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Security Response

VB 2006 - One Week Later

Created: 20 Oct 2006 07:00:00 GMT • Updated: 23 Jan 2014 18:55:57 GMT
Sarah Gordon's picture
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It's been a week since I finished my VB talk (almost on time). WhileI didn't get to the part of the talk exploring computer games and fun videosand their relevance to teaching people about security (and computerskills in general, and life skills, too!), I did get some interestingfeedback from some of the delegates. The one thing I've heard mostconsistently is that the ideas my talk put forth apply to technicalpeople, as well as not-quite-so-technical people. My first reactionwas—“wow”. I was hoping it would eventually get around to this. Onepurpose of the paper was to initiate bridge building between differentmindsets. The fact that I was able to get this across in the firstsegment of this research is just, well, unexpected.

People seemed to really be interested in the analogies drawn, whichshowed that using two products for the same general purpose, at thesame time, can be a recipe for stellar results OR total disaster.(There were more than a few comments on the pictureI used to illustrate this.) Apparently, my crazy dog does a rather goodjob impersonating a crashed computer. :) Rather than try to explainthis, or the myriad of concepts in the paper, I think its best to justdirect anyone interested in the paper to a copy or link that I’ll poston here soon.

The volunteers were great. I really appreciated their help turningthe presentation into more of the interactive workshop it wanted to be.I was afraid that Joe, the first volunteer, was going to disprove oneof the key theories used in the paper; but, at the last minute, heproved that even someone with the best memory has limits to the numberof things they can remember "in series". The gentleman from Universityof Calgary who suggested “electric shock” as a way to educate userscame up to me later and said he really was serious: it couldbe useful as a negative stimuli for those users who click "yes" withoutreading the fine print. Well, I must admit I think that's going a bittoo far. He must have been joking. The amount of time it would take tofind volunteers and get through one of the “research with humansubjects” ethical committees alone would be prohibitive; not tomention, there's probably not much useful application to be gained fromthat type of experimentation.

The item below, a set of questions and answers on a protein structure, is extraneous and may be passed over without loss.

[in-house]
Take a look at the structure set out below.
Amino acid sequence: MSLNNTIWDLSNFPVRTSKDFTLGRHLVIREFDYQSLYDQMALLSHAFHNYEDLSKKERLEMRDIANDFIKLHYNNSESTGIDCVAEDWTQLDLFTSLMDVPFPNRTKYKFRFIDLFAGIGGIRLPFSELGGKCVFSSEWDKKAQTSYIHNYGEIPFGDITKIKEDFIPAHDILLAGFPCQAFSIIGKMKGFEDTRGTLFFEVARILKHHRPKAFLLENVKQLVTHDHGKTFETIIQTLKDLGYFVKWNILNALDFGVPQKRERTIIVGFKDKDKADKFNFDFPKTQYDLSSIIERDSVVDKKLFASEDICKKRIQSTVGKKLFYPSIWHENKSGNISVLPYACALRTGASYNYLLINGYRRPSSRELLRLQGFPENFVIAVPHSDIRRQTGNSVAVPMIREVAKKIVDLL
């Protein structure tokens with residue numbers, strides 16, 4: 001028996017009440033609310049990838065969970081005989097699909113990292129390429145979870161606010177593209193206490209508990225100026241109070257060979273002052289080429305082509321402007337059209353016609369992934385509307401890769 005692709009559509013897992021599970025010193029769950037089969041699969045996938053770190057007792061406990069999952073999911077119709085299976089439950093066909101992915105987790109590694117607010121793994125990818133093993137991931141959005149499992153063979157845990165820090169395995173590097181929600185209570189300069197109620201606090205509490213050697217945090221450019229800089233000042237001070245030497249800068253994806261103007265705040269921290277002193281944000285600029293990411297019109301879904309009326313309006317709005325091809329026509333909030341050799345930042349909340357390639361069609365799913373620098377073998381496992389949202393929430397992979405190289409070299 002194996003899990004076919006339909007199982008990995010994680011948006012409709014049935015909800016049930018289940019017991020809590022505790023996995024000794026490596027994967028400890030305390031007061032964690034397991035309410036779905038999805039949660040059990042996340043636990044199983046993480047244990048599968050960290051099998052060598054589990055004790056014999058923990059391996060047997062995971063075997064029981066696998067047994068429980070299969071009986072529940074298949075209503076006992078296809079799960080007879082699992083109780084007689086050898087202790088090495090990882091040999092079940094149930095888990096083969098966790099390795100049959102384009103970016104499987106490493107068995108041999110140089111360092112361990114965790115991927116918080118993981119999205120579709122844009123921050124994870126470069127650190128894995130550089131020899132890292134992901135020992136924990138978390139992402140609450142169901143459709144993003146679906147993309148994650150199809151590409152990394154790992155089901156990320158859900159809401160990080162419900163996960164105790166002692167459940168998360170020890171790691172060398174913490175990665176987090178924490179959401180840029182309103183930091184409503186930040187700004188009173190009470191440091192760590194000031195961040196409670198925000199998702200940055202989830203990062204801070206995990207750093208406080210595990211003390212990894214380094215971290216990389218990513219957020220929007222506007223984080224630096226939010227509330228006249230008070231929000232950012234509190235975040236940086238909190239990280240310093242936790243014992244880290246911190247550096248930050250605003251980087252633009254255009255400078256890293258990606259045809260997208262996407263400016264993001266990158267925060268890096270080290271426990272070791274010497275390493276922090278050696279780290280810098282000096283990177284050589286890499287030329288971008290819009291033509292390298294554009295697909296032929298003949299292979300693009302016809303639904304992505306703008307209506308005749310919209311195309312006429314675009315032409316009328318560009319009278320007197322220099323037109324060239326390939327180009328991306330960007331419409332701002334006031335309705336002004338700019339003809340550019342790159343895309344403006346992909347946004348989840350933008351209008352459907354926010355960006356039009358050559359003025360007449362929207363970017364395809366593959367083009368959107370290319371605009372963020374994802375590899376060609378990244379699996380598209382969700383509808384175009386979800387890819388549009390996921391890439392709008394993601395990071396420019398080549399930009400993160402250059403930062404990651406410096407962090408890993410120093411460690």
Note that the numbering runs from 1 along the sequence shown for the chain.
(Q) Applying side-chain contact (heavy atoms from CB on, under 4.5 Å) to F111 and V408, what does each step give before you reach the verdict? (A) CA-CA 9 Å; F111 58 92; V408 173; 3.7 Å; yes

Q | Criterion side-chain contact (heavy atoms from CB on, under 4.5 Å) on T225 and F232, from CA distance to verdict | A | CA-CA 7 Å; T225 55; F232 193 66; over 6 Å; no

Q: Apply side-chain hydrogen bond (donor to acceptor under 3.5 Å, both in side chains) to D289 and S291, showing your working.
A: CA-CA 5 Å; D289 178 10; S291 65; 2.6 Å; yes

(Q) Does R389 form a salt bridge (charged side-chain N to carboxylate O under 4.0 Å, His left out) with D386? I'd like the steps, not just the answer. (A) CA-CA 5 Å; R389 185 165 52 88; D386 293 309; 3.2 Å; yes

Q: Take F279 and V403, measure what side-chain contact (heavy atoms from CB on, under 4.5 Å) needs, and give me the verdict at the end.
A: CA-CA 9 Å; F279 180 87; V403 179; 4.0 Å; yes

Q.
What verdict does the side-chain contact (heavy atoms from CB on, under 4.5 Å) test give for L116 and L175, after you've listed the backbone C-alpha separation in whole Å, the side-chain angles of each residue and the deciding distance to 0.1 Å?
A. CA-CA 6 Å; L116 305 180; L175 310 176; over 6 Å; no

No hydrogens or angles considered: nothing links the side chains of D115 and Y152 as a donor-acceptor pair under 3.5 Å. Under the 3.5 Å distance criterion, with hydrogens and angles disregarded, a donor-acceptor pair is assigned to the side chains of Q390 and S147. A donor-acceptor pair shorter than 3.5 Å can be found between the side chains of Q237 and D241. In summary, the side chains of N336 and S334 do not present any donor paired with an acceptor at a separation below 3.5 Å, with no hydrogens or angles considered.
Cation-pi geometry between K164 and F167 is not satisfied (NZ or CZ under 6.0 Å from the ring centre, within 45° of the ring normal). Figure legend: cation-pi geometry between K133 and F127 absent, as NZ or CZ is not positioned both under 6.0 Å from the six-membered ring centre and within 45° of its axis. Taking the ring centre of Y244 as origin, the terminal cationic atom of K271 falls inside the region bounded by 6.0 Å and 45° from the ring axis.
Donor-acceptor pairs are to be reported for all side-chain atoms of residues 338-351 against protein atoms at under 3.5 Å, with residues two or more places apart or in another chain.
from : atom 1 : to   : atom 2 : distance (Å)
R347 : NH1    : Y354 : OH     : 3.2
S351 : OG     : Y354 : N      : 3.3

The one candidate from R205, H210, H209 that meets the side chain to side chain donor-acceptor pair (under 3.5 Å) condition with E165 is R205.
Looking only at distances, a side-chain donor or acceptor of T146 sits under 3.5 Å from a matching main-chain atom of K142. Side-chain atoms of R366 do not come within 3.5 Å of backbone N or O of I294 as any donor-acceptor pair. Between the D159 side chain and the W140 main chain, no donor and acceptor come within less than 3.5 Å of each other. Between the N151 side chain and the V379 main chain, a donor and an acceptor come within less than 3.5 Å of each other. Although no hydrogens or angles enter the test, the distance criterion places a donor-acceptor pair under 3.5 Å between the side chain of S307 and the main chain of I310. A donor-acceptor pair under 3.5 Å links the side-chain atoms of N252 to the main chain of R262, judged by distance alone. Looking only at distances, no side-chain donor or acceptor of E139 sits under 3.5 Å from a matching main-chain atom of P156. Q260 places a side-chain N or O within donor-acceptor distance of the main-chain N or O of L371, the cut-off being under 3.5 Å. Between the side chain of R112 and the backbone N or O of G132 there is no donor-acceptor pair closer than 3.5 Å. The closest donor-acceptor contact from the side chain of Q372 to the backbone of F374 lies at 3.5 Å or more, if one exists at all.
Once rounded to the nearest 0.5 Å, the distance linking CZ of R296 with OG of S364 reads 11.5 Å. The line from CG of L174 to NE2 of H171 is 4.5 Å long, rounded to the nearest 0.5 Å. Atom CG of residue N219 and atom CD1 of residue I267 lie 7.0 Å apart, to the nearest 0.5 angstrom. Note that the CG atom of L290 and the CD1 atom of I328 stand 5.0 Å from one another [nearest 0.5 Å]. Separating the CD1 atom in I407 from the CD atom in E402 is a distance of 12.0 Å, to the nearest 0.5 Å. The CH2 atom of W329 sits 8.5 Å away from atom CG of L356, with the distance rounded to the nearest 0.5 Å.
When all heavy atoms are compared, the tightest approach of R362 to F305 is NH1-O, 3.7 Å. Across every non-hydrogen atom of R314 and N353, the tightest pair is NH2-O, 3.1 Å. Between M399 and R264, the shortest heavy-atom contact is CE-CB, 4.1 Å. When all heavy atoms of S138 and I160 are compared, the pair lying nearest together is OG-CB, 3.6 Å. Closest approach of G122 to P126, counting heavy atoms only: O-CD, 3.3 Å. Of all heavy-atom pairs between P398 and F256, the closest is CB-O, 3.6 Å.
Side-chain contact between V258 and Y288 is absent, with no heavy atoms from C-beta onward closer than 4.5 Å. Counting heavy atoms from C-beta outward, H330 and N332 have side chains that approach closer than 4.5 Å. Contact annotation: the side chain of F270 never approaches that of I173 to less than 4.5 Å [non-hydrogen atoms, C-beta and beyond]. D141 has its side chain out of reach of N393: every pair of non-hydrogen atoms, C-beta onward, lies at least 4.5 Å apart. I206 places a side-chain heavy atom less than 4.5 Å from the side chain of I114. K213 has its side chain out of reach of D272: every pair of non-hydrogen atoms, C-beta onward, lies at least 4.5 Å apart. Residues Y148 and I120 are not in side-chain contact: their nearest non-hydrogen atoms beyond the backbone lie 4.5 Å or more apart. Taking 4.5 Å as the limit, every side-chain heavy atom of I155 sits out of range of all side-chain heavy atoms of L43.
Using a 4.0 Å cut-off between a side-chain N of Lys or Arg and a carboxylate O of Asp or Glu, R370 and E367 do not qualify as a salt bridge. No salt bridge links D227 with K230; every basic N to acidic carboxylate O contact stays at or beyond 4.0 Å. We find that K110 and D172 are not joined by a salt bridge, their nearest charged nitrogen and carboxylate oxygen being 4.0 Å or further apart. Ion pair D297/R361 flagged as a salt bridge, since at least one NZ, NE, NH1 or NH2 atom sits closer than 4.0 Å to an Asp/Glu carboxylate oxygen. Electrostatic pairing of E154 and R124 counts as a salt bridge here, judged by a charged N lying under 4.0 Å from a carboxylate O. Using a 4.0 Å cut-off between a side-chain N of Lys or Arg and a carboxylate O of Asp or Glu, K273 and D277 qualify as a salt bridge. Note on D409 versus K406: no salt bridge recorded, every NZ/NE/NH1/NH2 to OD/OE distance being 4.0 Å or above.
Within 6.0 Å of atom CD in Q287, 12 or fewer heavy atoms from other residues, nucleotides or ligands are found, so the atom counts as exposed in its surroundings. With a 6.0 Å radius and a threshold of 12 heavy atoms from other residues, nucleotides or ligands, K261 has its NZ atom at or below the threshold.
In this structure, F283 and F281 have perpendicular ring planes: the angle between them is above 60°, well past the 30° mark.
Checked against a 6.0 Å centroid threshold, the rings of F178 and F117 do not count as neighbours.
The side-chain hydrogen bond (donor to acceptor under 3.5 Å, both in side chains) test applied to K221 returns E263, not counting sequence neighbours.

Anyway, several people asked if I could make an all-day thing of it,and really get into some of those ideas about cognition, learningstyles, and building effective security education programs. This tellsme that those who claim user education does not work are wrong. Or,maybe they are right, but only about the sort of user education thatdoesn’t take the differences between users into account. The fact is,user education does work. It just has to be the right kind of education for the user.

Ok, so that's complicated, considering there are so many types ofusers and so much information. Or, is it? I think it’s pretty simple,actually. I think some time spent studying how people learn can helpany department build an effective user education program. I'm thinkingof actually turning the presentation into a workshop if there is enoughinterest. I've already been invited to present it in workshop formatover in the UK, and there are also two conferences (one in Budapest and one in the UK)coming up, where I hope to get the chance to talk about some of theseideas with a wide variety of people. Maybe I'll submit the idea as aworkshop on having a workshop—all in the spirit of recursion. :)

For now, I'm just preparing for two workshops at the Santa Fe Institute.On November 1st and 2nd, I'm fortunate enough to be able to take partin the fifth annual Adaptive and Resilient Computing Security Workshop(ARCS2006). Some of the more interesting (to me) topics include thediversity & immunological approaches, topological effects incomputer networks, machine learning and defense strategies, design ofself-healing networks, and alternative models (economic, predator/prey,etc.).

I will be facilitating a discussion on the concept of "hackers," asportrayed through the media and exploring some of the more complexsocial issues related to hacking and society. Later on in the week,there are some workshops that sound really interesting in the Business Network agenda, and I’ll get the chance to meet with some authors of new and exciting research papers.